Designing for an Uncertain Fall Semester
By Kristin Powers
July 18, 2020
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Will this coming school year be in-person, hybrid, online, hyflex, remote, or a mix of some or all of these? Preparation mixed with uncertainty is a challenge without the right tools and guidance. Bonni Stachowiak of the Teaching in Higher Ed podcast talked to Coursetune Inc. CEO Maria Andersen about designing for the uncertain fall semester. 

“I think the hardest thing is that we are planning literally for the unexpected,” Maria shared. “As creatures of habit, we are so used to knowing what is going to happen when and setting our schedules around those expectations. It is hard to adapt to being thrust into a position of so much uncertainty. Because even though schools are announcing their plans now, it is highly unlikely they will stay and happen that way.”

Quality remote teaching practices were just made more prominent by the need to adjust to the pandemic. Car troubles, weather, health issues, or family demands can all keep a student from succeeding. In the podcast, Maria shows how when we carefully design courses (COVID or no), “it’s about finding new ways to let students participate if they have barriers in their life.” Adding something like a synchronous Zoom room to a class gives those students an opportunity to be engaged, no matter what the external problem is that prevents them from physically attending. 

Intentional planning in course design can easily allow for the flexibility instructors and students need during this uncertain time. Andersen encourages faculty to plan for a variety of possibilities. Visual mapping using a digital design tool can let you pivot quickly rather than being stuck in a rigid design for each potential modality. Listen to the full podcast to hear examples that can help you feel confident in your course design. 

Flexibility in Design to Facilitate Learning

There are a lot of tricks to getting good flexibility in the course: for the students, the course itself, and even within the structures of the course. Maria gives an example of how to solve this challenge. 

Use a Virtual Meeting Room – All the Time

Whether you meet in-person, with some of the class in-person, with the instructor remote, or with everyone remote, always have a virtual meeting room ready to go and use it. Assume that at least one student will not be able to attend and record the sessions. Do not plan to use these long-term, but have the recording available for the students in the class during that term.

Digital Submissions

Teach the students to turn in every assignment in a digital format from Day 1 of the course. Use a low-point “Practice Assignment” to give the students a chance to practice with the format before it feels more high stakes. Using formats like scanned PDFs (phone apps will help with this) or video demonstrations (use Handbrake to lower the file size) can make things flow smoothly even if you have to rapidly shift from in-person to remote or online with no notice.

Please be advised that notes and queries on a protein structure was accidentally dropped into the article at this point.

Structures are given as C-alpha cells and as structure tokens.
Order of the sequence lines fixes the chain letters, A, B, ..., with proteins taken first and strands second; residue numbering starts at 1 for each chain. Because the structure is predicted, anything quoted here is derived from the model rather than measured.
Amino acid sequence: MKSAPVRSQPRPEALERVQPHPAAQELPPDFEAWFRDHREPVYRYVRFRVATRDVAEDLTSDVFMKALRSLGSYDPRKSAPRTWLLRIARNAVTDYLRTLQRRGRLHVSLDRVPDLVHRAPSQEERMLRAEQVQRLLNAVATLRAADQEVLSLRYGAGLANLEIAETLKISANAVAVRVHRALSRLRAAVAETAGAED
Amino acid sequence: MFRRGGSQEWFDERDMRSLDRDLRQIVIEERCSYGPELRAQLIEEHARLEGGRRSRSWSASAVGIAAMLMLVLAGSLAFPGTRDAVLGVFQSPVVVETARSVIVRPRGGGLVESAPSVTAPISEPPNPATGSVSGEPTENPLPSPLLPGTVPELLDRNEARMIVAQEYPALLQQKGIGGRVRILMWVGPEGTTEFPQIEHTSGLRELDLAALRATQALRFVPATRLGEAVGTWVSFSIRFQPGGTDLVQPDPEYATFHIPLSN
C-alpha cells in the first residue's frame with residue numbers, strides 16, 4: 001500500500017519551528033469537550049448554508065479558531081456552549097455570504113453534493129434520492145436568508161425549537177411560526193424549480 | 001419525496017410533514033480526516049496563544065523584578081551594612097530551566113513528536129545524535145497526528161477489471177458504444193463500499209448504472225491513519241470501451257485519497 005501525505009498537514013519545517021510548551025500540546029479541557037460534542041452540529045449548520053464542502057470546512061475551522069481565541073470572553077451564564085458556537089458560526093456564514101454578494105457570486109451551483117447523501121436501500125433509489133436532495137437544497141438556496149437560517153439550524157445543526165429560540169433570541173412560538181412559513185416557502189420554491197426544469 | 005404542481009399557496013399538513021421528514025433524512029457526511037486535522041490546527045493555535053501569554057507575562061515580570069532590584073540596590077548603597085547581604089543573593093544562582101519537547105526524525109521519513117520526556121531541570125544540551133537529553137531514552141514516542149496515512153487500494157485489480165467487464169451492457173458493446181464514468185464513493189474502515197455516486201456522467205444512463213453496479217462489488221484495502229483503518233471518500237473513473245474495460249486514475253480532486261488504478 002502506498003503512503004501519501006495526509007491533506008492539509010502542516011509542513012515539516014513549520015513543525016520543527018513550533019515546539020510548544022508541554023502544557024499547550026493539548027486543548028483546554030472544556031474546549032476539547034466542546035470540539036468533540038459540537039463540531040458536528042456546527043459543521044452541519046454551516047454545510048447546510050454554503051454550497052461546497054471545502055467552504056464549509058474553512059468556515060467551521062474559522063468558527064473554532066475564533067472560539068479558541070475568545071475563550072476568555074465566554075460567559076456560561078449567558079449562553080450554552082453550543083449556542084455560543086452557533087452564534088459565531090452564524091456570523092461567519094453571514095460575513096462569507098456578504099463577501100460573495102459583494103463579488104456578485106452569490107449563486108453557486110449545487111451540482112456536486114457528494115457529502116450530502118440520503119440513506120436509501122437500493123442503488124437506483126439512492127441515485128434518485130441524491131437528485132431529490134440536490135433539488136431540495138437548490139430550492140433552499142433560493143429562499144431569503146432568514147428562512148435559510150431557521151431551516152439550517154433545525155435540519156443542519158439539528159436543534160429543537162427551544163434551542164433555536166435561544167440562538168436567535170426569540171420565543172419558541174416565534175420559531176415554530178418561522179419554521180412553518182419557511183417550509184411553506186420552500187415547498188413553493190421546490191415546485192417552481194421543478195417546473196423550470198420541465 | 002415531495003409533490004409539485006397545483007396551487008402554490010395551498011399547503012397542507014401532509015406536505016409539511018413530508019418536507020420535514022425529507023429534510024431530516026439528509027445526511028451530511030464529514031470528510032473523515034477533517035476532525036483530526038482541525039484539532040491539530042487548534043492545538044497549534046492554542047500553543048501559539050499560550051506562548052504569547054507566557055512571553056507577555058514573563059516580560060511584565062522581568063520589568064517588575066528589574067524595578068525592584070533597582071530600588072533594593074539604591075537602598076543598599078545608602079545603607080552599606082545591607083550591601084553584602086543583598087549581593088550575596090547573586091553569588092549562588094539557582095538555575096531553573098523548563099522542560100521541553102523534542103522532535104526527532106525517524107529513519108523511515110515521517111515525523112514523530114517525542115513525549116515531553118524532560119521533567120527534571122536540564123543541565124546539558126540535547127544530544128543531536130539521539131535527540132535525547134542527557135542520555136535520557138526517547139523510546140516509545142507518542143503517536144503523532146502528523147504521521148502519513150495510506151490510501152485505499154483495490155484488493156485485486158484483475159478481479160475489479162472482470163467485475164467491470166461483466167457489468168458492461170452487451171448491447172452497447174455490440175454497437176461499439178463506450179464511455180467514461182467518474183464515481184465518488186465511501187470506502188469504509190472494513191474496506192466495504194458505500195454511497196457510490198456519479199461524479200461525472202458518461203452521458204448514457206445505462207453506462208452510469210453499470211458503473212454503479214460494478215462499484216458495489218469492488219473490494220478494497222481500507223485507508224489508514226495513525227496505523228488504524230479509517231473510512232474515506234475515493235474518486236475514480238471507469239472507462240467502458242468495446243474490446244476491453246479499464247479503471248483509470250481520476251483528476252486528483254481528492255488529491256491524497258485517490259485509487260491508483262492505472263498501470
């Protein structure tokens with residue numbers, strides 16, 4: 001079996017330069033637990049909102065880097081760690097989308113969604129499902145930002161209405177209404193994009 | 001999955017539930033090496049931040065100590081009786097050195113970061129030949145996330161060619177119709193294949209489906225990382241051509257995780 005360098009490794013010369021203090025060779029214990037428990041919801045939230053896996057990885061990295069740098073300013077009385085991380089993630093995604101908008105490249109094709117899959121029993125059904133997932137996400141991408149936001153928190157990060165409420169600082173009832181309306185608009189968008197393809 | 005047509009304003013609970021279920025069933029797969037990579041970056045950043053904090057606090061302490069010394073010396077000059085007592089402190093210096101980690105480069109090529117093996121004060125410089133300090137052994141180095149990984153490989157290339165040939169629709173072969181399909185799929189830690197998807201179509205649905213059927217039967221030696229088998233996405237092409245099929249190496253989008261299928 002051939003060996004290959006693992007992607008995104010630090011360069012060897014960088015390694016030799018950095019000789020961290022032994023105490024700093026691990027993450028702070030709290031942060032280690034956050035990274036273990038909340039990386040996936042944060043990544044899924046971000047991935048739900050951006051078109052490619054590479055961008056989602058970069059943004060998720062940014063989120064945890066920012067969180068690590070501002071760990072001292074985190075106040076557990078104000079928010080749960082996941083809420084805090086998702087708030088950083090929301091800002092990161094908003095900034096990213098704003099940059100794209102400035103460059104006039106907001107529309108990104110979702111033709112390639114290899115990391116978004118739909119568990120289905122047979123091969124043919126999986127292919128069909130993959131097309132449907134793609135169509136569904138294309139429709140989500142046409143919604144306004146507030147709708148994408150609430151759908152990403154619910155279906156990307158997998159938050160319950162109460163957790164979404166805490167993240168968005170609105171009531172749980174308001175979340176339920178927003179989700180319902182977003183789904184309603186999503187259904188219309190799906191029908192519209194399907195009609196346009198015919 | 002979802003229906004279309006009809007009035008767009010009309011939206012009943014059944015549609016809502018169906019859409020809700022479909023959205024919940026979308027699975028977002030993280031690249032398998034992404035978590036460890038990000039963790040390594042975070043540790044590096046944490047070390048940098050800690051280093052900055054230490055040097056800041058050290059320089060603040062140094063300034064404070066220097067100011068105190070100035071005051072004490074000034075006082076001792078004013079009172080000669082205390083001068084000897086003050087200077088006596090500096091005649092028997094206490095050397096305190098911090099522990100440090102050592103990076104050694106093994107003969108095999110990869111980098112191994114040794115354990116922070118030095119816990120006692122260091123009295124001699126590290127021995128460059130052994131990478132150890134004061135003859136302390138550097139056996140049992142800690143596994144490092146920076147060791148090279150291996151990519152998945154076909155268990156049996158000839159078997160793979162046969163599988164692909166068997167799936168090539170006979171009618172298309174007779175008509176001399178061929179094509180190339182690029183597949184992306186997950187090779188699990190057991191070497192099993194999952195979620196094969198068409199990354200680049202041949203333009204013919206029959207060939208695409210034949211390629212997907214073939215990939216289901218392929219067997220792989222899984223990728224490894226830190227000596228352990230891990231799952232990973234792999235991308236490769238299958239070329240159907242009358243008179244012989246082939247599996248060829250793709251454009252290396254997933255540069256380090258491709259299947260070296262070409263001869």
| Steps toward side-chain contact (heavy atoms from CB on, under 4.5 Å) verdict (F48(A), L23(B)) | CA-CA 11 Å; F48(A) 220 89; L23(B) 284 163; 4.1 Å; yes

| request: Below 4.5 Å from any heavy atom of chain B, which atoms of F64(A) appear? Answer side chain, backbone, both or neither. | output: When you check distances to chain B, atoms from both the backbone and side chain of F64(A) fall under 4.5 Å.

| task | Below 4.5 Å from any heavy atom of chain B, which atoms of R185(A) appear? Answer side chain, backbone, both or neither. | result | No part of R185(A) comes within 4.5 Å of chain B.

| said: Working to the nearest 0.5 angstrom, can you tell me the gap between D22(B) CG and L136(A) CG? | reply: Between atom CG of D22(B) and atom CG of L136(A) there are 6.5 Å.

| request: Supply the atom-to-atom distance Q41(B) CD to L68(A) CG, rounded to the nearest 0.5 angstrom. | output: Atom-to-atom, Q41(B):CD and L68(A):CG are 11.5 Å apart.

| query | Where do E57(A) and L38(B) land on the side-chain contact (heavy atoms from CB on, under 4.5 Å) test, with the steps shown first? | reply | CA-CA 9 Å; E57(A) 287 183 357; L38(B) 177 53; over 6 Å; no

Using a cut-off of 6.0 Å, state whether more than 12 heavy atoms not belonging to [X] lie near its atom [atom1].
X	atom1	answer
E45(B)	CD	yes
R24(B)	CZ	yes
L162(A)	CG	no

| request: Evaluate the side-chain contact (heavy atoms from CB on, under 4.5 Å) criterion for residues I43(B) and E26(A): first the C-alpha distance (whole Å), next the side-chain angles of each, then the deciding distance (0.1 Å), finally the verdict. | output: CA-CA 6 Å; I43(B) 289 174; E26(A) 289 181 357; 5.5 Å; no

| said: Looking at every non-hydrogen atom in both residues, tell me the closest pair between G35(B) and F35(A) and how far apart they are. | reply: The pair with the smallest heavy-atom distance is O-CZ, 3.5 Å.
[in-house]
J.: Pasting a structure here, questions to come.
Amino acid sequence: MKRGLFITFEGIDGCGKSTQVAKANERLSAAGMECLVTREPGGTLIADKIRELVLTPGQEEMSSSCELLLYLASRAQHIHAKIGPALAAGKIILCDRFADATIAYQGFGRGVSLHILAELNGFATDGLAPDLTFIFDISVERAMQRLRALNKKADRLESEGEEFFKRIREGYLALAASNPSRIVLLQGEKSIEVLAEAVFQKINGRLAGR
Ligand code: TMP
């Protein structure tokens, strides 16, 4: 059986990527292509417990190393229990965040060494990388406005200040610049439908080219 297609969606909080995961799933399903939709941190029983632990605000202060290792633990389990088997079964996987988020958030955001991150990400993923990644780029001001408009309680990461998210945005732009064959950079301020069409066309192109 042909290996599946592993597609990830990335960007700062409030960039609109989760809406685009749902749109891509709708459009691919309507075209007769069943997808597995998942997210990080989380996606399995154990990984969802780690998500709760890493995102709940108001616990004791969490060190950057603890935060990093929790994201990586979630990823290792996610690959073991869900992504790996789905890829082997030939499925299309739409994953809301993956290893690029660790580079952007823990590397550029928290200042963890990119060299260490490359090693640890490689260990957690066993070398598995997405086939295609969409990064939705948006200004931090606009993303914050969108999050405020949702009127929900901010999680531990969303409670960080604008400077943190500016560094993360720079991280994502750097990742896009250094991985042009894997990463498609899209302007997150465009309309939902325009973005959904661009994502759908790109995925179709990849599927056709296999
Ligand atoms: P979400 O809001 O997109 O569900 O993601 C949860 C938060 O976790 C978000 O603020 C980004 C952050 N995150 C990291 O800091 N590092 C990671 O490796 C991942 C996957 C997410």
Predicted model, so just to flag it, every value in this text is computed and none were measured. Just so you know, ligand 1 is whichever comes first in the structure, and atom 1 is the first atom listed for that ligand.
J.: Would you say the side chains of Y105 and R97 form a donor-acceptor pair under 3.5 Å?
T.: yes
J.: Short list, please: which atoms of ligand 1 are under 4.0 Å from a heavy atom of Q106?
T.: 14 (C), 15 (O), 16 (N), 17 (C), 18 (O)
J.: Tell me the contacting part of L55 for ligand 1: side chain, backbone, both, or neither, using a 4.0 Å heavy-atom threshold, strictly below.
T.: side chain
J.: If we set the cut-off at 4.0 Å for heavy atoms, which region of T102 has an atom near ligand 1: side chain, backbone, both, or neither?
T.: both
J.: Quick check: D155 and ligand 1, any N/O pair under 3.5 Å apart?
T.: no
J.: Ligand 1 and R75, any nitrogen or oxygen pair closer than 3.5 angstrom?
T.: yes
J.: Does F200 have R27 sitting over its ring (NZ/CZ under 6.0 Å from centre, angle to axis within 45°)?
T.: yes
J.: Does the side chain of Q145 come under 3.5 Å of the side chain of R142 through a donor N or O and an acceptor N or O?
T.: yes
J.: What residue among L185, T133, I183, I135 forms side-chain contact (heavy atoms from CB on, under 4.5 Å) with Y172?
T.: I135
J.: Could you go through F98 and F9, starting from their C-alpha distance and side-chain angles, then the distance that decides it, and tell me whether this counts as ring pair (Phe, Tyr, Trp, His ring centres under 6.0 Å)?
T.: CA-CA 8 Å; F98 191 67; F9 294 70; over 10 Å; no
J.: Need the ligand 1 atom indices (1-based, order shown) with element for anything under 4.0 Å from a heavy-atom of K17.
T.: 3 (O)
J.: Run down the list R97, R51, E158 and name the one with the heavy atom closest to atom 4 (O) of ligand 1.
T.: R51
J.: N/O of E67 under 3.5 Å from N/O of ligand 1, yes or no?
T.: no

Flexible “Exploration” Assignment

Use a regular, repeating assignment called an “Exploration” or “Active Learning Activity” to give the course structure a recurring assignment each week that will touch on concepts, but with a lot of flexibility in the type of assignment from week to week. The assignment could be an in-person discussion, a structured discussion on a discussion board, a synchronous meeting to solve problems, a Kahoot, a digital simulation, or a digital exploration activity. 

Revisit the Learning Objectives

When you are shifting a course to have a fully online format (or partially online format), you are already taking the course through a redesign process. This is the ideal time to re-examine why content lives in this course and how deeply you really intend to teach it. This means you need to take a deep dive into the course objectives and learning objectives of the course. 

Courseplan Activities

Organize your activities and learning objectives for flexibility by using CoursePlan.

Using software like CoursePlan, you should start by outlining the five to seven skills that a student should have when they leave the course and see if your ideas for the most important course skills actually match what the course objectives are (if they don’t, it’s time to begin a conversation with your colleagues). Then look at the existing learning objectives (LOs) for the course (the more granular learning goals).

Ask yourself, “Does this learning objective actually correspond to a course objective?” If the answer is “no,” ask yourself a serious question, “Does this learning objective need to be here?” Because most of our classes already have way too much content in them, and we need to make careful choices right now. Everybody’s a little bit stressed and anxious (faculty and students). Many of these courses were over-full to begin with, and we made judgment calls all the time.

The future of education will continue to evolve; having the foundation of an aligned course that’s intentionally designed will allow you to deliver quality learning no matter what modality. For digital course design, making thoughtful decisions about objectives and organization early in the process saves time and stress later. Try Courseplan for free at

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